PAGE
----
A prizewinning foreign correspondent and former New York Times bureau chief in Shanghai and in West and Central Africa, Howard French is uniquely positioned to tell the story of China in Africa. Through meticulous on-the-ground reporting, conducted in Mandarin, French, and Portuguese, among other languages, French creates a multi-leveled picture through discussion not only with policy-shaping leaders and diplomats, but also with the ordinary men and women navigating the street-level realities of cooperation, prejudice, corruption, and opportunity forged by this important geopolitical development.
In China’s Second Continent, Howard French reveals this new world order, from the echoes of colonial ambition – exploitation of resources and labor; cut-rate infrastructure projects; dubious treaties – to new areas of cultural and economic exchange, where dichotomies of suspicion and trust, assimilation and isolation, idealism and disillusionment are in dynamic flux.
China’s Second Continent offers fresh perspectives on the most pressing unknowns of modern Sino-African relations: why China is playing the role it is, how extensive its cultural and economic inroads are, what Africa’s role in the equation is, and what the ramifications for both parties – and the rest of the world – will be in the foreseeable future.
Howard French discussed his book at a National Committee program on Wednesday, October 22, 2014 at Sidley Austin.
Bio:Howard W. French is an associate professor at the Columbia University Graduate School of Journalism, where he has taught since 2008. For many years before that, he was a senior writer for The New York Times, where he spent most of a nearly 23-year career as a foreign correspondent, working in and traveling to over 100 countries on five continents.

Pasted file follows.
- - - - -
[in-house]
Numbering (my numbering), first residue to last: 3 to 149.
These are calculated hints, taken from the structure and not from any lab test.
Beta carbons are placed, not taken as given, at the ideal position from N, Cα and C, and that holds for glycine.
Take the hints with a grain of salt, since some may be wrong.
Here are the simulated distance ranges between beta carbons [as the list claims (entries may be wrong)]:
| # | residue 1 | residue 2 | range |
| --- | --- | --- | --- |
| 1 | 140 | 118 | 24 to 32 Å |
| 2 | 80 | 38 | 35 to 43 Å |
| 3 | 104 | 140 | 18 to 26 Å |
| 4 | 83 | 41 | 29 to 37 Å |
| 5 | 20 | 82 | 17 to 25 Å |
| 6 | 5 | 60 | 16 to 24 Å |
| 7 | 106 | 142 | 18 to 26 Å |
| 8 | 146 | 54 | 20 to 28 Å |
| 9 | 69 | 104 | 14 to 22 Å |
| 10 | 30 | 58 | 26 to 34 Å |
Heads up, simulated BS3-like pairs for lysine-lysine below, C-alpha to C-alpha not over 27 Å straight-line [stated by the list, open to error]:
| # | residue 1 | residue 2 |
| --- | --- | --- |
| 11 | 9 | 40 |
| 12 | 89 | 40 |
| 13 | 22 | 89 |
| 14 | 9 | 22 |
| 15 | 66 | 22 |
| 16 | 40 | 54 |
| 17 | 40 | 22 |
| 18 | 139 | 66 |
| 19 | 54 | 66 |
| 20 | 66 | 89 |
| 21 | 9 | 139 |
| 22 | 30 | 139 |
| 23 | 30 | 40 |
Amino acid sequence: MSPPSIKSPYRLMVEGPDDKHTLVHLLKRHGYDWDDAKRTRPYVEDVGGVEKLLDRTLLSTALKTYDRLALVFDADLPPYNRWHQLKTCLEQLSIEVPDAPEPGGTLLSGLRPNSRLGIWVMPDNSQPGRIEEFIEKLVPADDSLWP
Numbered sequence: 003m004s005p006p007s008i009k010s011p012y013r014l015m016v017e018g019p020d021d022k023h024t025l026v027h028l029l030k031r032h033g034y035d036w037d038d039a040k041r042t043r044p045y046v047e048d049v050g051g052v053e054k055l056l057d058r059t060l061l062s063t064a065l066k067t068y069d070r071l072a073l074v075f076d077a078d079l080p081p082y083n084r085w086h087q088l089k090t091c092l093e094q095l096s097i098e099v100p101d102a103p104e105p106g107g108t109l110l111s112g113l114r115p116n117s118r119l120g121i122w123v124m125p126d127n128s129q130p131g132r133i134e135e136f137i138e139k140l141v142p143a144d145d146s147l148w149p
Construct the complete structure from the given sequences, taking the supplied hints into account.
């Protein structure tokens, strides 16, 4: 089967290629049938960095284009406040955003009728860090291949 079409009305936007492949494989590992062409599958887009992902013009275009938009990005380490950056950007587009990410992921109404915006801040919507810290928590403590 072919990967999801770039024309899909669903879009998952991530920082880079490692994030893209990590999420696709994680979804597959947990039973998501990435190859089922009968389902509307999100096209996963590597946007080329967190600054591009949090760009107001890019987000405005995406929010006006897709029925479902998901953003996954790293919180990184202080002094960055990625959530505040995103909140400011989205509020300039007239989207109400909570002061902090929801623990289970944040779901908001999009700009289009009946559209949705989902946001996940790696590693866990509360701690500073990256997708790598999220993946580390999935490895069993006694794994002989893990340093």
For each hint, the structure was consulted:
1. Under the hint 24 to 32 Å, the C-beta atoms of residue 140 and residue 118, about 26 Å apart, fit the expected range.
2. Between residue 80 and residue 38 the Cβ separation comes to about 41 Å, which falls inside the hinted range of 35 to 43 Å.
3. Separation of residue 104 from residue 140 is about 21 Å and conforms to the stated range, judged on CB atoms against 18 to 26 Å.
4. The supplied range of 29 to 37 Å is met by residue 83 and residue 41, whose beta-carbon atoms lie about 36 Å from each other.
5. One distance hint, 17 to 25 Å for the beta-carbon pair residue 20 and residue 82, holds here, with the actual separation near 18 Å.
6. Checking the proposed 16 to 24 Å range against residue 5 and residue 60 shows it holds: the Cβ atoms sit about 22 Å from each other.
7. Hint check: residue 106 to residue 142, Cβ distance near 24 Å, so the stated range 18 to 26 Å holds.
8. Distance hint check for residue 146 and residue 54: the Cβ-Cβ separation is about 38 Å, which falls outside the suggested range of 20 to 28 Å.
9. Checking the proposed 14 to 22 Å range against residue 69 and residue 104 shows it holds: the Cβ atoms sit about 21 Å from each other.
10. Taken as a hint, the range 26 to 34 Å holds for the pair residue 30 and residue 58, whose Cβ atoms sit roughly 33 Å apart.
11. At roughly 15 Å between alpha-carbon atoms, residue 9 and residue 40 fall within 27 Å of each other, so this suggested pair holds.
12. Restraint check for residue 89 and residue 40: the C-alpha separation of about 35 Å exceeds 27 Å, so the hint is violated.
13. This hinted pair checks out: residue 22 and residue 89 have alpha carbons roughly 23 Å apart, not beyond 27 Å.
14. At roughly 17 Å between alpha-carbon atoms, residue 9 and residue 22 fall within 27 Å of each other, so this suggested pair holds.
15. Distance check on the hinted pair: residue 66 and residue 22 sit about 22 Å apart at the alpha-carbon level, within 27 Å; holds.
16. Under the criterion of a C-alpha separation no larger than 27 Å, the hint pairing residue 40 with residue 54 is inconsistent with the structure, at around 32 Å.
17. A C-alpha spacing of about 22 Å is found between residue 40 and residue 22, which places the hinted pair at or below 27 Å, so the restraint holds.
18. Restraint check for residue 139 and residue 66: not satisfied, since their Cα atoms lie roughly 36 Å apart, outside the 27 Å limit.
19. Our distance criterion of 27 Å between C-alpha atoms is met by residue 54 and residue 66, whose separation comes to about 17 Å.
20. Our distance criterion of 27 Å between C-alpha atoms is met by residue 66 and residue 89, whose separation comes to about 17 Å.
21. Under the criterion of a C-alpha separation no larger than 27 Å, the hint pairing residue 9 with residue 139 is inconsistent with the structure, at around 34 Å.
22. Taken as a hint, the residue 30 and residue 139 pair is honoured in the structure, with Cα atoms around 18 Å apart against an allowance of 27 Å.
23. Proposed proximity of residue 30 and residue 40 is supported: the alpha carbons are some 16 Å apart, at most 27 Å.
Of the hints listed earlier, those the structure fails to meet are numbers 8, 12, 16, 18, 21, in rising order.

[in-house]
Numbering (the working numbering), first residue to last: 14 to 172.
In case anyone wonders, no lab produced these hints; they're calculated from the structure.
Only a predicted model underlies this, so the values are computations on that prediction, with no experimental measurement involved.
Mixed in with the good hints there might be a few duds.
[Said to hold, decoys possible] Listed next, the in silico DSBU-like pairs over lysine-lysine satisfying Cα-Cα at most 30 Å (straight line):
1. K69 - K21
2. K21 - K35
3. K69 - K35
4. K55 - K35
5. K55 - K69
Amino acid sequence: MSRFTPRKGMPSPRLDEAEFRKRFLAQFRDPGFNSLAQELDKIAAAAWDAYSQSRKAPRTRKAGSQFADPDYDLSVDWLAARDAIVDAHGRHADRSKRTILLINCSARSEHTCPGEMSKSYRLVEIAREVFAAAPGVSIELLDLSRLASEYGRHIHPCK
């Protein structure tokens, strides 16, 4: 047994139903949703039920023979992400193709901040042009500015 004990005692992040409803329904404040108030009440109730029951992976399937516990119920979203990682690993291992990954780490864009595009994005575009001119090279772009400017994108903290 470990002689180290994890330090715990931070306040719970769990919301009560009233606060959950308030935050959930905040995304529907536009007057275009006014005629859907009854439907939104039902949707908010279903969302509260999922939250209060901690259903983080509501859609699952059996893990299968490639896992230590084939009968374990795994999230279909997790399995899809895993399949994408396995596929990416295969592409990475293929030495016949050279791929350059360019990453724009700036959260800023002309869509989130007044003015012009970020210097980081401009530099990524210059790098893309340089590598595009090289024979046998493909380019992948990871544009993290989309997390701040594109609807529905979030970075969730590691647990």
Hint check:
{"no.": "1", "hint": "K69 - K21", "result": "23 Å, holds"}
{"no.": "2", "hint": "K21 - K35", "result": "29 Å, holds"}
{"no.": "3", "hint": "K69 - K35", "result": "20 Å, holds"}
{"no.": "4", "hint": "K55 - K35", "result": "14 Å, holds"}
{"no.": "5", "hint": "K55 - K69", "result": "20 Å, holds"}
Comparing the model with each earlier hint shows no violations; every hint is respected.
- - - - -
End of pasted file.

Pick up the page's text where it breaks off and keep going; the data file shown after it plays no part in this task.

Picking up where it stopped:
Until July 2008, he was the chief of the newspaper’s Shanghai bureau. Prior to that assignment, he headed bureaus in Japan, West and Central Africa, Central America and the Caribbean. Mr. French’s work for the newspaper in both Africa and in China was nominated for the Pulitzer Prize. French speaks English, Chinese, Japanese, French, and Spanish.
From 1979 to 1986, he lived in West Africa, working as a translator and freelance reporter for The Washington Post and other publications, and teaching English literature at the University of Ivory Coast.
French is the author of A Continent for the Taking: The Tragedy and Hope of Africa (Knopf 2004), which was named non-fiction book of the year by several newspapers. “Disappearing Shanghai,” French’s documentary photography of the last remnants of Shanghai’s historic old neighborhoods, has been featured in solo and group exhibitions in the United States, Europe and Asia, and reprinted in numerous magazines. Prints from “Disappearing Shanghai” have been acquired by the Mildred Lane Kemper Art Museum in St. Louis as part of its permanent collection, and shown in solo exhibition there. Disappearing Shanghai was published in book form by Homa and Sekey in August 2012. The work is a collaboration with the author Qiu Xiaolong, a Shanghai native, who contributed original poetry.
French’s most recent book, China’s Second Continent: How a Million Migrants are Building Empire in Africa, was published by Knopf in May 2014. He is working on a new non-fiction book, under contract with Knopf, about the geopolitics of East Asia.
French contributes often to a variety of publications, including The Atlantic and The New York Review of Books, and occasionally reviews books for The Wall Street Journal. He is also a frequent public speaker.
He is a board member of the Columbia Journalism Review, and he currently resides in New York City. He is also working as a consultant to the Aga Khan University's new Graduation School of Media and Communications, focusing on curriculum development.